By Prof John Wolohan
Syracuse University, New York, US
Last Friday evening, at a campaign rally for Luther Strange, a candidate in the Alabama Senate race, President Trump said that “wouldn’t you love to see one of these NFL owners, when somebody disrespects our flag, to say, ‘Get that son of a bitch off the field right now.’ He’s fired. He’s fired!”
In making his comments, Trump was talking about the current trend by NFL players to kneel in protest during the national anthem. The practice started last year when Colin Kaepernick, the former quarterback of the San Francisco 49ers, began kneeling during the national anthem to protest against police violence against blacks in the United States.
As a result of Trump’s comments, NFL Commissioner Rodger Goodell issued a statement that read:
“The NFL and our players are at our best when we help create a sense of unity in our country and our culture. There is no better example than the amazing response from our clubs and players to the terrible natural disasters we’ve experienced over the last month. Divisive comments like these demonstrate an unfortunate lack of respect for the NFL, our great game and all of our players, and a failure to understand the overwhelming force for good our clubs and players represent in our communities.”
On Sunday, prior to the NFL games, nearly every NFL game featured at least one demonstration by players. The players were also supported by the owners. Jacksonville Jaguars owner, Shad Khan, linked arms with his players before Sunday morning’s game in London, UK. Jerry Jones, the owner of the Dallas Cowboys, linked arms and kneeled with his players prior to the NFL’s Monday night game. Probably most telling was the statement of Trump’s friend Robert Kraft, the owner of the New England Patriots, who expressed his disapproval of Trump’s statement and proposal to boycott the League.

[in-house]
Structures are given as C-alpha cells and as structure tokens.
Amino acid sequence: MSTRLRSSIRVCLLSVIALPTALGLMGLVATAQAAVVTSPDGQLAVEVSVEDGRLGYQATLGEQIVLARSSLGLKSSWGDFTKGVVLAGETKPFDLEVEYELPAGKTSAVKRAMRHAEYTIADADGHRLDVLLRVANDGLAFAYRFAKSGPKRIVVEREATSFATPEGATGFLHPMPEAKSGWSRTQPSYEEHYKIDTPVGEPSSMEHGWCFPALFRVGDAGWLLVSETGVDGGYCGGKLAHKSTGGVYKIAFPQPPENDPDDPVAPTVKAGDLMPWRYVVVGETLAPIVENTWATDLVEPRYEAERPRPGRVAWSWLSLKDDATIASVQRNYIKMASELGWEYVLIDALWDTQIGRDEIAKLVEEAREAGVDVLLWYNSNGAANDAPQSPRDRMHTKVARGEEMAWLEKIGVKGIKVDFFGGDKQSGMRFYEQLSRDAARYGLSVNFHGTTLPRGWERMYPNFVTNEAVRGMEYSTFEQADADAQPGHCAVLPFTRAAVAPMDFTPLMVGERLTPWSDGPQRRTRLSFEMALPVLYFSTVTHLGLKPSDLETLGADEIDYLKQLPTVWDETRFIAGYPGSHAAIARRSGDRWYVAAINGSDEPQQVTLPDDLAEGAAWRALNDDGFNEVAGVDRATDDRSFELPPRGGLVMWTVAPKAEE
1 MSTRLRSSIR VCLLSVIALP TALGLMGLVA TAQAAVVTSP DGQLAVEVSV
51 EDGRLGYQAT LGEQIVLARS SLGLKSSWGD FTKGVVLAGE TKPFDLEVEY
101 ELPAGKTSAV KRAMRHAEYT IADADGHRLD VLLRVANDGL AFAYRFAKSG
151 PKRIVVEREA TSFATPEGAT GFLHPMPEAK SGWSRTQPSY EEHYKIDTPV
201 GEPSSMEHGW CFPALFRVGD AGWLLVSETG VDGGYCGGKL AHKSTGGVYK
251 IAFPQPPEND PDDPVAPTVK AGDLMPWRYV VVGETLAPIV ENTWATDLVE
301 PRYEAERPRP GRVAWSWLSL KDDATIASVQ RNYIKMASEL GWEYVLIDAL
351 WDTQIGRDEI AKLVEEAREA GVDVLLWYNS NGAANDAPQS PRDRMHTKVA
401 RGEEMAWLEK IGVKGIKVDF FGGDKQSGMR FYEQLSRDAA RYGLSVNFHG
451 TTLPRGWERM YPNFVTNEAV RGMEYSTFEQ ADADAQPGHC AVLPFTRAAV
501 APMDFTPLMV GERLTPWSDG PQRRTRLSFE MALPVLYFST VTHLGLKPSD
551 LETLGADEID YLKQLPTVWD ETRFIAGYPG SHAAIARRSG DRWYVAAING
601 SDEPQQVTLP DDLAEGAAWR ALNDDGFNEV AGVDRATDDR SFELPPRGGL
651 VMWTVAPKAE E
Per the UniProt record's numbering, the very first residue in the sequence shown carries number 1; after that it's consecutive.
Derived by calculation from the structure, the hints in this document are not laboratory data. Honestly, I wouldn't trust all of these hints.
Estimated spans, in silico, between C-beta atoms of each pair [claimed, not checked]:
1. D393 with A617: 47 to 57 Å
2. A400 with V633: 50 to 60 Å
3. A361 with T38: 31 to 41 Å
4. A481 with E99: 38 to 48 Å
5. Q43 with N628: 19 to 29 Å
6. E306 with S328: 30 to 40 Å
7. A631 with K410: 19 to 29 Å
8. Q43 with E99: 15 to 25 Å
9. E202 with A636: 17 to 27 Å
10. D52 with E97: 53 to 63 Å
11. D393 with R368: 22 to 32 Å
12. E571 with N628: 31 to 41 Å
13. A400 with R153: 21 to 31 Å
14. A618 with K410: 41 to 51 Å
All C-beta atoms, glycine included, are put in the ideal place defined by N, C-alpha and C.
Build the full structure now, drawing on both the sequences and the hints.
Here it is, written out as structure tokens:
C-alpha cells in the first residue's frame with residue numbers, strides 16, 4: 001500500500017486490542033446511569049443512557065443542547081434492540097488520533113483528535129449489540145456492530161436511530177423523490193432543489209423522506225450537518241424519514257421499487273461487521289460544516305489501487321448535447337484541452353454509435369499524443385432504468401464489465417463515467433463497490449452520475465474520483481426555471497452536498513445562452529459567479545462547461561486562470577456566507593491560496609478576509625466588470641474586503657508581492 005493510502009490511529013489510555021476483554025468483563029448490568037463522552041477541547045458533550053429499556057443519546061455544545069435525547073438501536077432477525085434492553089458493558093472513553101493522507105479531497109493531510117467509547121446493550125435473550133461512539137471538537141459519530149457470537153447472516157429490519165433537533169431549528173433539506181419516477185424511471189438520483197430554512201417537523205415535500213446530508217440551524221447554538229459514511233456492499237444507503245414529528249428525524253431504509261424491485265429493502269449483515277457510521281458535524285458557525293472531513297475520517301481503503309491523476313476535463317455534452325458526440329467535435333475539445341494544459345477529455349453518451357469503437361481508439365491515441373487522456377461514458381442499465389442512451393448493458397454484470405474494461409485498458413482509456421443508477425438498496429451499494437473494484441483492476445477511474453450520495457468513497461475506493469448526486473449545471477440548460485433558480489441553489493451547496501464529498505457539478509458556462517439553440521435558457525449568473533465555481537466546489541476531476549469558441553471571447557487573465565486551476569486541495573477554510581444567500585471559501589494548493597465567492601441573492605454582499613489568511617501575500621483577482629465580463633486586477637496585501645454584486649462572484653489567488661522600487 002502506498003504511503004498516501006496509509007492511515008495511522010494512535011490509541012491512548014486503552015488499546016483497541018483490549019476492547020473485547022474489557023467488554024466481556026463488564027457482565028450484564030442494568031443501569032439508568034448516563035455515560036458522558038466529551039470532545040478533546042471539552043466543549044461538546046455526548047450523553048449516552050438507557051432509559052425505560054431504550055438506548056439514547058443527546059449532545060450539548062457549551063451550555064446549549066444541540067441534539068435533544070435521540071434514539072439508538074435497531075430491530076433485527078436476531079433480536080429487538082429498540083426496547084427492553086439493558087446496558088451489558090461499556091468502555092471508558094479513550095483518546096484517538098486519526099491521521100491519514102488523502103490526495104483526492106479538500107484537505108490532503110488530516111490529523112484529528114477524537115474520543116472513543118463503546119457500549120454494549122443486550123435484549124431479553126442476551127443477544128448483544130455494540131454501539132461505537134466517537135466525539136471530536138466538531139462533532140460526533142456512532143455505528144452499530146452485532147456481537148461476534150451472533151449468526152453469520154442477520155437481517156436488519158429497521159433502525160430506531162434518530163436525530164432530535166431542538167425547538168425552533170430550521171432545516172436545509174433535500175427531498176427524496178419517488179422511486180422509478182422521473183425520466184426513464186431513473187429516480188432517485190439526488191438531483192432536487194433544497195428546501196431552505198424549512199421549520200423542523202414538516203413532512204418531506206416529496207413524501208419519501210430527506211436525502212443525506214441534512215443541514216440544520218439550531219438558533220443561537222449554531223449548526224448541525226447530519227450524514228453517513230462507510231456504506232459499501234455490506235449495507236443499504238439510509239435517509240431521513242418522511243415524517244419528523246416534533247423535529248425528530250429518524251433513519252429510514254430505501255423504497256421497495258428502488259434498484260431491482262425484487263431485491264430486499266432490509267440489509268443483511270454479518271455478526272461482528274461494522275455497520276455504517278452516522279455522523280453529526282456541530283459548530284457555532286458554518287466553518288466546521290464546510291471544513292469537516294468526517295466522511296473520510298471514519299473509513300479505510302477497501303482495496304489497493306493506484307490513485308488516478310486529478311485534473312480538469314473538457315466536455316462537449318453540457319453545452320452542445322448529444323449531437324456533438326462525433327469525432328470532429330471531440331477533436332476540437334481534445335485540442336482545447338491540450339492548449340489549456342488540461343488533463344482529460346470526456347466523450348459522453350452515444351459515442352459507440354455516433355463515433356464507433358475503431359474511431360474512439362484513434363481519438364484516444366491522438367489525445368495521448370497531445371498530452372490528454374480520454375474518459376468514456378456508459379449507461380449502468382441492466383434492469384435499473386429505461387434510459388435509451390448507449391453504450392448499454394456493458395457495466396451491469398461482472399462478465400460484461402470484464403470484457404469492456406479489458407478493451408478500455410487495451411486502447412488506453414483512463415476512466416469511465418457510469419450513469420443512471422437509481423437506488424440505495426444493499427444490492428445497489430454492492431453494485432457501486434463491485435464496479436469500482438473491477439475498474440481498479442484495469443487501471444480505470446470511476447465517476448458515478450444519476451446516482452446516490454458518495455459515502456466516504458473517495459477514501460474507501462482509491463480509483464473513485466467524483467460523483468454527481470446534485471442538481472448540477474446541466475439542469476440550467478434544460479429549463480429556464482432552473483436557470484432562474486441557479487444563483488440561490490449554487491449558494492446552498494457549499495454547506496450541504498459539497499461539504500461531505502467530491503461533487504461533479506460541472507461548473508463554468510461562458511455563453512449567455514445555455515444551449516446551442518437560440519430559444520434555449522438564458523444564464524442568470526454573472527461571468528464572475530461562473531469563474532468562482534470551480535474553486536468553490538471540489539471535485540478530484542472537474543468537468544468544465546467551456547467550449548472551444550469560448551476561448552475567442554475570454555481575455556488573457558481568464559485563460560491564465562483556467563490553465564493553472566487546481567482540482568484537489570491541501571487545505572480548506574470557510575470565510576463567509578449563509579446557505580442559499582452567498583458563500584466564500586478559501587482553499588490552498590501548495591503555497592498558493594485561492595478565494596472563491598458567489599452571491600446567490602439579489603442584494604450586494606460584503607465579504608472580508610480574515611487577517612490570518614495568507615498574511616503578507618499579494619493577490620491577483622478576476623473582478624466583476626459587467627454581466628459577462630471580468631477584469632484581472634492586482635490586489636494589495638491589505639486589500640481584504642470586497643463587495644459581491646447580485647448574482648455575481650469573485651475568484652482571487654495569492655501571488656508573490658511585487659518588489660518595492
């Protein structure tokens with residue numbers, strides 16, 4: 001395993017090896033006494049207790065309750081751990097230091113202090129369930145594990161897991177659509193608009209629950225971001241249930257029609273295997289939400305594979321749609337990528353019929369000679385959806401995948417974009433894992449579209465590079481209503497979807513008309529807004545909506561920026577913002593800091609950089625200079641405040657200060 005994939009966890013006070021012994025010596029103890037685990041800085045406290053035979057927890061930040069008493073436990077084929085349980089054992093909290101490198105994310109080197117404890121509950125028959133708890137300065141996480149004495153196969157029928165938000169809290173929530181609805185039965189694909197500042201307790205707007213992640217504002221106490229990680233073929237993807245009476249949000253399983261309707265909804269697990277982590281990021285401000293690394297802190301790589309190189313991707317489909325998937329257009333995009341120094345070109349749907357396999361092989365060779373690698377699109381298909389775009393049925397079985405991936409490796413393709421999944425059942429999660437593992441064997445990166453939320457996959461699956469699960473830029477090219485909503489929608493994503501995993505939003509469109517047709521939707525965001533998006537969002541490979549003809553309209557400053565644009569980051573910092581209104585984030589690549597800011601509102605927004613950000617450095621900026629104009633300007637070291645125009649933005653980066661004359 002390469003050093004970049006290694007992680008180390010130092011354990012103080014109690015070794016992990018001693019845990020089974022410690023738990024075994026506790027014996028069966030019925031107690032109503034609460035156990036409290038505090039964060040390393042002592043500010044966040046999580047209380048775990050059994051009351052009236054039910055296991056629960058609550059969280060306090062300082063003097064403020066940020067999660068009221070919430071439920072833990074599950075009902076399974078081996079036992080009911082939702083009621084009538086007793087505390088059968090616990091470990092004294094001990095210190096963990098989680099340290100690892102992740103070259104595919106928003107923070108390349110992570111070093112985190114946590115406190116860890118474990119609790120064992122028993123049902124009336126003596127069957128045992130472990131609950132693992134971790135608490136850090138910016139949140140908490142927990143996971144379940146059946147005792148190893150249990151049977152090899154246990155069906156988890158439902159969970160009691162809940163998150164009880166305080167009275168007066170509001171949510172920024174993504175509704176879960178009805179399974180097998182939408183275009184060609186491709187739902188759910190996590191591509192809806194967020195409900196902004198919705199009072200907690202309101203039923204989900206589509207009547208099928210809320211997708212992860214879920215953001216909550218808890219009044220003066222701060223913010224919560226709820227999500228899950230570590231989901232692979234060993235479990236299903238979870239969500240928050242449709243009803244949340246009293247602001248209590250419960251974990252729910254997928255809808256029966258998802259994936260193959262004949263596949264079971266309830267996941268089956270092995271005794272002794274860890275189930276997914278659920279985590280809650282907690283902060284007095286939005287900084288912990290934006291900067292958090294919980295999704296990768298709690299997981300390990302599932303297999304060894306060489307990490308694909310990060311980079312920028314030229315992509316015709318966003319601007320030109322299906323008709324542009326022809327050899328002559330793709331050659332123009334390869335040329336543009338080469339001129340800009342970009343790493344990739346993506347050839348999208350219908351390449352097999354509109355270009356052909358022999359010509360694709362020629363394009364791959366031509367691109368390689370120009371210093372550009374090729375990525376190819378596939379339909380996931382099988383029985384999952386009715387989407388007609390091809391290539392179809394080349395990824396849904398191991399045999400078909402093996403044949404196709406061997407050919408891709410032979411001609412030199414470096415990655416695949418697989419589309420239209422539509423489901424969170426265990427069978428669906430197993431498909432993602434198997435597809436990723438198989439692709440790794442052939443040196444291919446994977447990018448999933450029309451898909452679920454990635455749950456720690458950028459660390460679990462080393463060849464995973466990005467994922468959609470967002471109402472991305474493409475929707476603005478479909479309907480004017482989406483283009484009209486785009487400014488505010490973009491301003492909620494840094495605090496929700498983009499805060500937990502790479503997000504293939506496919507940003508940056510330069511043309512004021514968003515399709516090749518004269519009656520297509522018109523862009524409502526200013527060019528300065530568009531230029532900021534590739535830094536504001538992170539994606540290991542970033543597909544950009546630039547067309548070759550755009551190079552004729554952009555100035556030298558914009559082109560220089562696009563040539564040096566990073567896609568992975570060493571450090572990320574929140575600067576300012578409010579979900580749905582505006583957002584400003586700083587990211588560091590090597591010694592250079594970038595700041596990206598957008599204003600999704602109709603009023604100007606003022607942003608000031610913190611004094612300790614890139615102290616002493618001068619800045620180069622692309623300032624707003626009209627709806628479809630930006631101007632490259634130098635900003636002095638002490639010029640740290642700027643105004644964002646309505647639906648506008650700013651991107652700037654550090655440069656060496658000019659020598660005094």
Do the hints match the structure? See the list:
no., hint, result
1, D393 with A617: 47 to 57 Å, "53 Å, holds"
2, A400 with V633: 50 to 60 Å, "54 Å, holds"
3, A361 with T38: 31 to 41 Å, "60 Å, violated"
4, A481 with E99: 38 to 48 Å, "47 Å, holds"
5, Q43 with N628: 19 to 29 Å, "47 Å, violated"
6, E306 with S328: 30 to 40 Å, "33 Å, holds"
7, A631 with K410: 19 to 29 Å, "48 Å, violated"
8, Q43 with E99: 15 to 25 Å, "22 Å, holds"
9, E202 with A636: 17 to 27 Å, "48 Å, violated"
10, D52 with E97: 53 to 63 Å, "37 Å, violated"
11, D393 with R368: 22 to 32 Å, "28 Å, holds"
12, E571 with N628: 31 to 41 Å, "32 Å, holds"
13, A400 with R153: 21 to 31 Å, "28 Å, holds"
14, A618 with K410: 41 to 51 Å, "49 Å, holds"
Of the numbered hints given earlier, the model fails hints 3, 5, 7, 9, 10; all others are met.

In addition to his statements against NFL players, the vast majority of whom are black, Trump followed up his Friday speech with a tweet disinviting the NBA Champion Golden State Warriors from visiting the White House. The tweet resulted when Golden State’s Steph Curry announced that he would skip the visit. As a result, Trump tried to save face by saying that the NBA Champion Golden State Warriors were not invited to the White House.
While picking fights with the NFL and the NBA, two Leagues where the players are predominantly black, Trump made a point of praising NASCAR drivers, who are predominantly white, after the national anthem at a race on Sunday went off without any protest.
In reviewing Trump’s actions and statements, some have accused the Top of Form
President of engaging in a culture war on behalf of his white, working-class base. Trump, however, has asserted that “the issue of kneeling has nothing to do with race,” but was “about respect for our Country, Flag and National Anthem.”
It seems that Trump is ready to pick a fight with anybody, including sports persons and Leagues – not very edifying for the leader of the ‘free world’!
Prof John Wolohan may be contacted by e-mail at ‘email@example.com’